This is another reason I really like the idea of the shot put. I know there were far fewer women competing in it when I was young than, say, running or swimming. I suspect the numbers are even lower as an older woman — when we are even less likely to feel powerful.
For example, in my 40s I got into karate competitions. Sparring, not katas. Most local tournaments broke women (and men) into 2 groups — with age 40 as the dividing line. In seven competitions where I participated, there were never more than six women competing in the 40+ category. (And usually only a couple more in the 40+ male category.) As a result, I have a nice collection of gold, silver and bronze medals from those days. Even better — I trained hard for three years straight.
How good do you have to be?
Go to NSGA.com then click on the “Sports” tab. Go to your sport to get the national qualifying times/distances/etc. to see how far away you are from qualifying. For example, the minimum qualifying distance for shot put for 70-74 year-old women is 6.4 meters (with a 3 kg. shot). That distance stays the same for 75-79 year-old women — but you get to use a 2 kg. shot. If I’m still at it at age 85, I’ll have to shot put 2 kg. just 3.97 meters to qualify.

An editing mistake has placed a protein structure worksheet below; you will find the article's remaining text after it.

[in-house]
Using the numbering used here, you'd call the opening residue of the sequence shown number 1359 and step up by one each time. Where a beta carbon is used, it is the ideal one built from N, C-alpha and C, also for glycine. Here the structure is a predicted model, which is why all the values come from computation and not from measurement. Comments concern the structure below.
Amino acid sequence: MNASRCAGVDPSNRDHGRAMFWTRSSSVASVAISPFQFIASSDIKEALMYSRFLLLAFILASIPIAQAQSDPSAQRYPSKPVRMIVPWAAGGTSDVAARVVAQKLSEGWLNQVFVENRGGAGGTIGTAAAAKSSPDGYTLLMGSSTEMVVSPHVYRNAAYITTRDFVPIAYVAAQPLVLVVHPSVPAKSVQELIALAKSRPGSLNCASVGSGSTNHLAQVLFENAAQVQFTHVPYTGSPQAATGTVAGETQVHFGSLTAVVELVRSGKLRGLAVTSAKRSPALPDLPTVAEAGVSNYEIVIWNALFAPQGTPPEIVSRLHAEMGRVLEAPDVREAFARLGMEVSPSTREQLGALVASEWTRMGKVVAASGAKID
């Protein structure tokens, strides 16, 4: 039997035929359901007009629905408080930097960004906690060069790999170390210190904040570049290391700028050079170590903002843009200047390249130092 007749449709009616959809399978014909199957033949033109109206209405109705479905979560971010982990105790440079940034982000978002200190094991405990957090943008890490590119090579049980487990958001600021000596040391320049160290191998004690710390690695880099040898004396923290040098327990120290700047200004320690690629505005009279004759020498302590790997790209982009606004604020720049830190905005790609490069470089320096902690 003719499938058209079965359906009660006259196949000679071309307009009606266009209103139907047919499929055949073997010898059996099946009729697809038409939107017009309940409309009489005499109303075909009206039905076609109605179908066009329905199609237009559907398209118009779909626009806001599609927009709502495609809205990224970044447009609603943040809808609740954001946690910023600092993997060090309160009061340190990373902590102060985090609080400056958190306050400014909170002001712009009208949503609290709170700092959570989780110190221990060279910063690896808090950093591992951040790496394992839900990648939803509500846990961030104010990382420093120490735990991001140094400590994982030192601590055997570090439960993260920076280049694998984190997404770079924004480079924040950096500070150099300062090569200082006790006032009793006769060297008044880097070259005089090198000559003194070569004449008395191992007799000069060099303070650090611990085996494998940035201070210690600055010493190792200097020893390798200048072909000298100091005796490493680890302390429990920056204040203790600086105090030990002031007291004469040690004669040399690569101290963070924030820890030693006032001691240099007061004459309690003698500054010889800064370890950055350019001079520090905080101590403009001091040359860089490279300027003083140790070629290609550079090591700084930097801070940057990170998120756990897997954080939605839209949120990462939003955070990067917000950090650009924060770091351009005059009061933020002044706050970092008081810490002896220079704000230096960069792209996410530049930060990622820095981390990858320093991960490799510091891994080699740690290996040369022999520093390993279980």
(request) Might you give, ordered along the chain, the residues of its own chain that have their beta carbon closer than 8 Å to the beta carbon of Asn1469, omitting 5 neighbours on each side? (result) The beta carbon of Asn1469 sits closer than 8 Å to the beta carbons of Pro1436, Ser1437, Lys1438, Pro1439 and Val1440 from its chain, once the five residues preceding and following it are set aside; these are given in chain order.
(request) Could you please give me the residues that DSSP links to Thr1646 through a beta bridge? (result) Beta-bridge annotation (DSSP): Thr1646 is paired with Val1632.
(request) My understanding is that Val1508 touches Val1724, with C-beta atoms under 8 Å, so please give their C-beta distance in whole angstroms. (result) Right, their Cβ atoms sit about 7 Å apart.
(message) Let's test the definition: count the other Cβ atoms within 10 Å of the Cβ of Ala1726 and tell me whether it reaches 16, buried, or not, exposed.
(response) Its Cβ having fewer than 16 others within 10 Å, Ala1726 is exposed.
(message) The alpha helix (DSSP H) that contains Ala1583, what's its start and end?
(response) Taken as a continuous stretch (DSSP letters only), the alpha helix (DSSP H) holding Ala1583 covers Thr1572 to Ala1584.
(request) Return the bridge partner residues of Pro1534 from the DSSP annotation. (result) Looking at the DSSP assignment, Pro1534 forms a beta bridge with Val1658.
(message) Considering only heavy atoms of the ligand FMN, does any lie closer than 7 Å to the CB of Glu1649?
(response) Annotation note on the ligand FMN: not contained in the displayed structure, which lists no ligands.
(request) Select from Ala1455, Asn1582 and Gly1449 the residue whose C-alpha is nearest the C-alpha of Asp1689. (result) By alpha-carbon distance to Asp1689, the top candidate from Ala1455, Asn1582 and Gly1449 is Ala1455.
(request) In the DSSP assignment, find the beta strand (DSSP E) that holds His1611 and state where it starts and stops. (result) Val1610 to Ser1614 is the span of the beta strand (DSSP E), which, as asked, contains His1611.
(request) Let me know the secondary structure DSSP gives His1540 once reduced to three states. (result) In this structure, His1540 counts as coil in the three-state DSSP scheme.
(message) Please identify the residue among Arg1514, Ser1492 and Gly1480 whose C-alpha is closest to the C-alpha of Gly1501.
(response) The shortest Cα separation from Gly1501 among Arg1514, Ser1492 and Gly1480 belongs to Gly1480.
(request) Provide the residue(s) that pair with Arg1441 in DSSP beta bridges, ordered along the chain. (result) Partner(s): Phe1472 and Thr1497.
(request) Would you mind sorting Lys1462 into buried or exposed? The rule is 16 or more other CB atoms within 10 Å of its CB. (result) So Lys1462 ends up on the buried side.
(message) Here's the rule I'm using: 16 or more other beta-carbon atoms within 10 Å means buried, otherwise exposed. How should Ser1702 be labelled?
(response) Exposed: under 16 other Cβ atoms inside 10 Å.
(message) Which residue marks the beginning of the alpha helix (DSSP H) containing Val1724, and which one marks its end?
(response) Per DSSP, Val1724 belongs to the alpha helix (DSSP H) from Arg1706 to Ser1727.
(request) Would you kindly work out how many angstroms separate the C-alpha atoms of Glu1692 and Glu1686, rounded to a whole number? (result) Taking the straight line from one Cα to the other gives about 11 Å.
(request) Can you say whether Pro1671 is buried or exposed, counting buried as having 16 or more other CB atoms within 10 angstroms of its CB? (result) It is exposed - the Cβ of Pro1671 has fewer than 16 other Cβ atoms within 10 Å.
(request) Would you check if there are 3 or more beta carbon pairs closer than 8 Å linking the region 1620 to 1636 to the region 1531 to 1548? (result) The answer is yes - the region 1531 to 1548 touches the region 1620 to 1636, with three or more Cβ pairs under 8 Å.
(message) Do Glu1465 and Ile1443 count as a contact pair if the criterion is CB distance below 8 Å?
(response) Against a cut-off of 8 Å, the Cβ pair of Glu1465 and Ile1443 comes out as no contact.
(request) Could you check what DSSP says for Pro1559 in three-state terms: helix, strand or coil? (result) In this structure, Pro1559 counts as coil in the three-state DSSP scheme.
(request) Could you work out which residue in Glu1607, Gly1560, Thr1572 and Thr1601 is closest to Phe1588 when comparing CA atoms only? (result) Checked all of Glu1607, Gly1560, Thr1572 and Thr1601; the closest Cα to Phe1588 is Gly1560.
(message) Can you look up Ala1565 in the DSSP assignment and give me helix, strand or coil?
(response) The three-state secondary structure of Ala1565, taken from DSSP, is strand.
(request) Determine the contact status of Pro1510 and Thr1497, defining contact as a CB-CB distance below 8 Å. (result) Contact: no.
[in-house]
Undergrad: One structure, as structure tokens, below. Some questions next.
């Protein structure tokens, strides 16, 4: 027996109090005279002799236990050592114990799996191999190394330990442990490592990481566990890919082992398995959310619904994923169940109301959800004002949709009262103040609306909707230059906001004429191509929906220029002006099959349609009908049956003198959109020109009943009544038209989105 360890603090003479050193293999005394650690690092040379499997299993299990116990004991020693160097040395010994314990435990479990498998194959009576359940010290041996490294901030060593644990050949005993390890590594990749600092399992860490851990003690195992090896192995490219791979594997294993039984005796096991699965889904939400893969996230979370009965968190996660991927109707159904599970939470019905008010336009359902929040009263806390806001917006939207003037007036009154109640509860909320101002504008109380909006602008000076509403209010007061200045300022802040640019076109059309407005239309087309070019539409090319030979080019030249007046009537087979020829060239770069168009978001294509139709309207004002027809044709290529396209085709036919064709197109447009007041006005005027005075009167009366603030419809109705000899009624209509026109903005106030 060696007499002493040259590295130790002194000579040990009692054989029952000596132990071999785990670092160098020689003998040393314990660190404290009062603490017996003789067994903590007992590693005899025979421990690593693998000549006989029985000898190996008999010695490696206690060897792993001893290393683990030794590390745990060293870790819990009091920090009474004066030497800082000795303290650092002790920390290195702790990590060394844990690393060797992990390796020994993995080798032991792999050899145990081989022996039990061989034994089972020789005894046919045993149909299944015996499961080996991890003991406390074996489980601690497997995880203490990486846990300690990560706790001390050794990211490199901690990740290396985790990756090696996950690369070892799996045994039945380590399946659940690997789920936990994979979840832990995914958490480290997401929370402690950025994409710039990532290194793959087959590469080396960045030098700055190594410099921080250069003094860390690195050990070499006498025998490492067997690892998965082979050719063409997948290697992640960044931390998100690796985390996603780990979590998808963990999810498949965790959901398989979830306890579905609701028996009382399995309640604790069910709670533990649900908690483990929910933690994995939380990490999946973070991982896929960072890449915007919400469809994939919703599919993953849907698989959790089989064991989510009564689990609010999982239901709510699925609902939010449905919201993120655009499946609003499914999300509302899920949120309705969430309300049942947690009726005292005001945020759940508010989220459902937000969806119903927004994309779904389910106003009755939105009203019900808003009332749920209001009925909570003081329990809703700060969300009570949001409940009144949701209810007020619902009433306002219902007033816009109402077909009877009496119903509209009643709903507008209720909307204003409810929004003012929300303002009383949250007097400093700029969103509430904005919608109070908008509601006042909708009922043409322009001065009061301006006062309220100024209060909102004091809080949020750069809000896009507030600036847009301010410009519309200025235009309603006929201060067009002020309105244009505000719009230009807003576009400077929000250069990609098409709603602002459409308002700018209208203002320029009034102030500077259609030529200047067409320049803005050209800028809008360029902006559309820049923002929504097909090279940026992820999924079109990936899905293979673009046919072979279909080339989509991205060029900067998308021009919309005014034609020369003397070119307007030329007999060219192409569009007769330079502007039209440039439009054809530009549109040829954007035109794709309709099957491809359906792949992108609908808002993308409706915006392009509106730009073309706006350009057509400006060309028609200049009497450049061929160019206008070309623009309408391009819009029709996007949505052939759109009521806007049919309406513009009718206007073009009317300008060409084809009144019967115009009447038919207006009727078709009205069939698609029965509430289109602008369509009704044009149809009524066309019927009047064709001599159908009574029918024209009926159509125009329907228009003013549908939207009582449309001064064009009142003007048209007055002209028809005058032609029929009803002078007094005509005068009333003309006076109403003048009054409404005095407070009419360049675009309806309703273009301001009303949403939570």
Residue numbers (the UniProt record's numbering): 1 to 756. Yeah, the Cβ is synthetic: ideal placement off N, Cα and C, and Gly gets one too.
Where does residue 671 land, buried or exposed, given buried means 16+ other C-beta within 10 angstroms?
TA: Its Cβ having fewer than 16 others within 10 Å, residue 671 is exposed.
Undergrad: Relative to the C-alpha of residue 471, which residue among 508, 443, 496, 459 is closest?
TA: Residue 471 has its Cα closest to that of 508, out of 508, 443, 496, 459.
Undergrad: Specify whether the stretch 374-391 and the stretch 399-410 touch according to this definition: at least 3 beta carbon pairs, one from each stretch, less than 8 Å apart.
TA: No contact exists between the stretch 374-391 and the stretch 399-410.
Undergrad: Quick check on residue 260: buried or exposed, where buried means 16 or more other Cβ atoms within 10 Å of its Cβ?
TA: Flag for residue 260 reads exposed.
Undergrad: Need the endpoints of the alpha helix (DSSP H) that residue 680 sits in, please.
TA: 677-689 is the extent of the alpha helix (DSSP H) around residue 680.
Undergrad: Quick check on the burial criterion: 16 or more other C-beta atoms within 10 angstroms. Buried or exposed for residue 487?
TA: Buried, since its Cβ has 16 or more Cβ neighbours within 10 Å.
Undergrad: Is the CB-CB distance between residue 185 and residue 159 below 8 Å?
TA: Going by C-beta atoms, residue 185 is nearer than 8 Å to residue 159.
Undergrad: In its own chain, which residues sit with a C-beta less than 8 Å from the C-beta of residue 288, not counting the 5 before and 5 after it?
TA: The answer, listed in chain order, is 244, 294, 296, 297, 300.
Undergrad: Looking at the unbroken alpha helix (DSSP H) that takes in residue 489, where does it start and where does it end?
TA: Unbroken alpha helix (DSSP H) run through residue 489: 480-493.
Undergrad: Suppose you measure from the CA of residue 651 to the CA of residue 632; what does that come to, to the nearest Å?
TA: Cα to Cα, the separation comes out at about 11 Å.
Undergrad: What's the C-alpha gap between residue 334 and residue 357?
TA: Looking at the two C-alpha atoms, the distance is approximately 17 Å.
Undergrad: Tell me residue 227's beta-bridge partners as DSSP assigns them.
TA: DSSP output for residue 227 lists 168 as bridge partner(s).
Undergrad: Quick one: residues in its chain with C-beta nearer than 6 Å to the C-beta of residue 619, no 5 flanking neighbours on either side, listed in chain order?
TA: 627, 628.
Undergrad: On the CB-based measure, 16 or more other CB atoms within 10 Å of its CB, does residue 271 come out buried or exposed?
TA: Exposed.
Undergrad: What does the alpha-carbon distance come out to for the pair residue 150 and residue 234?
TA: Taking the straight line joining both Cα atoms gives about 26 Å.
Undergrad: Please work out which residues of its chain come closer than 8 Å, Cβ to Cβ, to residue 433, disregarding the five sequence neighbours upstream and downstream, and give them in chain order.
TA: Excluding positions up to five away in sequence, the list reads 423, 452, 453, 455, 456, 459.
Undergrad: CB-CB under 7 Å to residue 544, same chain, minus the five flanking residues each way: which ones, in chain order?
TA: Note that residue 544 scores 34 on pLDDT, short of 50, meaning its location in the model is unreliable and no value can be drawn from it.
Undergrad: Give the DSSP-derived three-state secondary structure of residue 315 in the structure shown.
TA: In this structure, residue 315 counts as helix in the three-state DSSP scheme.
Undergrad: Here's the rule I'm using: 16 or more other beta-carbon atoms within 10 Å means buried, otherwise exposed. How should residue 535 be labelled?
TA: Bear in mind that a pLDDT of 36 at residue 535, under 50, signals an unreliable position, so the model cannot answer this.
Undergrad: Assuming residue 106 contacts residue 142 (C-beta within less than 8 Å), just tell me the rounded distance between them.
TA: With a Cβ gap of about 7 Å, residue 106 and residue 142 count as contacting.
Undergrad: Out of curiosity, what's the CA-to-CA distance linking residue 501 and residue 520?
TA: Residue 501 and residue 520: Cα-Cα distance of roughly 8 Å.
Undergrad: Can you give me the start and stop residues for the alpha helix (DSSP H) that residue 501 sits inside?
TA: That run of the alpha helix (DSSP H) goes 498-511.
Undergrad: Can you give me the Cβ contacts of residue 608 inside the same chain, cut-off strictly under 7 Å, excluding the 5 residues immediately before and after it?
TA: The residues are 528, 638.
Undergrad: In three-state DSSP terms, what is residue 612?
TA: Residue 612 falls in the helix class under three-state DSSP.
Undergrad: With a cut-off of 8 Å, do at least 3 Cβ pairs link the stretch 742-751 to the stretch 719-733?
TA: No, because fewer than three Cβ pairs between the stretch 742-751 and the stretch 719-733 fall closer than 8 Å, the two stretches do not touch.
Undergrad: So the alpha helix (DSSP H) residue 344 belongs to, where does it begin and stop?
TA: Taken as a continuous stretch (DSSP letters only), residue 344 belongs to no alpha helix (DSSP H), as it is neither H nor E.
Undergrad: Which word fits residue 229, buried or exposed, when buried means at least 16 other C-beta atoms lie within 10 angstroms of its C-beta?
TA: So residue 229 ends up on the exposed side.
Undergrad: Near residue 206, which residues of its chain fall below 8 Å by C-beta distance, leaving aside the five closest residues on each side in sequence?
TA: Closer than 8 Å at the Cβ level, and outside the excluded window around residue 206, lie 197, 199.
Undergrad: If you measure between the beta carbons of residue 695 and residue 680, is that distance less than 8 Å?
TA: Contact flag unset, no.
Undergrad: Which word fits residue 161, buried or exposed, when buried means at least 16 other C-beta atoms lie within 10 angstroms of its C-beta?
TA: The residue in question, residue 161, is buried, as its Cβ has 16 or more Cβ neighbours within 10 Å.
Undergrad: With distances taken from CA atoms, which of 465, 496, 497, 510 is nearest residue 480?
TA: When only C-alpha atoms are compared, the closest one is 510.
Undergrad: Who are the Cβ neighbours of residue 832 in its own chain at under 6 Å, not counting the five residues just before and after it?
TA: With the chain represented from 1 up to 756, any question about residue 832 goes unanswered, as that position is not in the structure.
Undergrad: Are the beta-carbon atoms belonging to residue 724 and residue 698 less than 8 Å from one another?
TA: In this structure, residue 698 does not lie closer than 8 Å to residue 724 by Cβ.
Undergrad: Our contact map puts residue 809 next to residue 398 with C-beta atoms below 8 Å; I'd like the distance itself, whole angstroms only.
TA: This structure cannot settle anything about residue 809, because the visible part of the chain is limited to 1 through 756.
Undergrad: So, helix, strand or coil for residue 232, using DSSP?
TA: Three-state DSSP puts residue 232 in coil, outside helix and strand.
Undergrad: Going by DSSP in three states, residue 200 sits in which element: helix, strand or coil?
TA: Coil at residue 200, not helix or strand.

How close are you? I measured out the distance on a field, and with no training at all was able to shot put within 10 feet of that distance. That made shot put sound possible for me. (As to discus, the spinning made me dizzy, so I had to scrap that idea!)
BTW, the older you are the more lenient the minimum qualifying standards are. For example, the 50 meter dash standards for women are:
- 9.24 seconds for 60-64 year-olds
- 14.89 seconds for 80-84 year-olds
- 23.83 seconds for 85-89 year-olds
Plan to start with your state’s Senior Games
It’s important to have easier goals to conquer first — to get positive reinforcement. Almost every state has its own Senior Olympics (sometimes called Senior Games) — where the standards to qualify are lower. Sometimes much lower. Sometimes non-existent.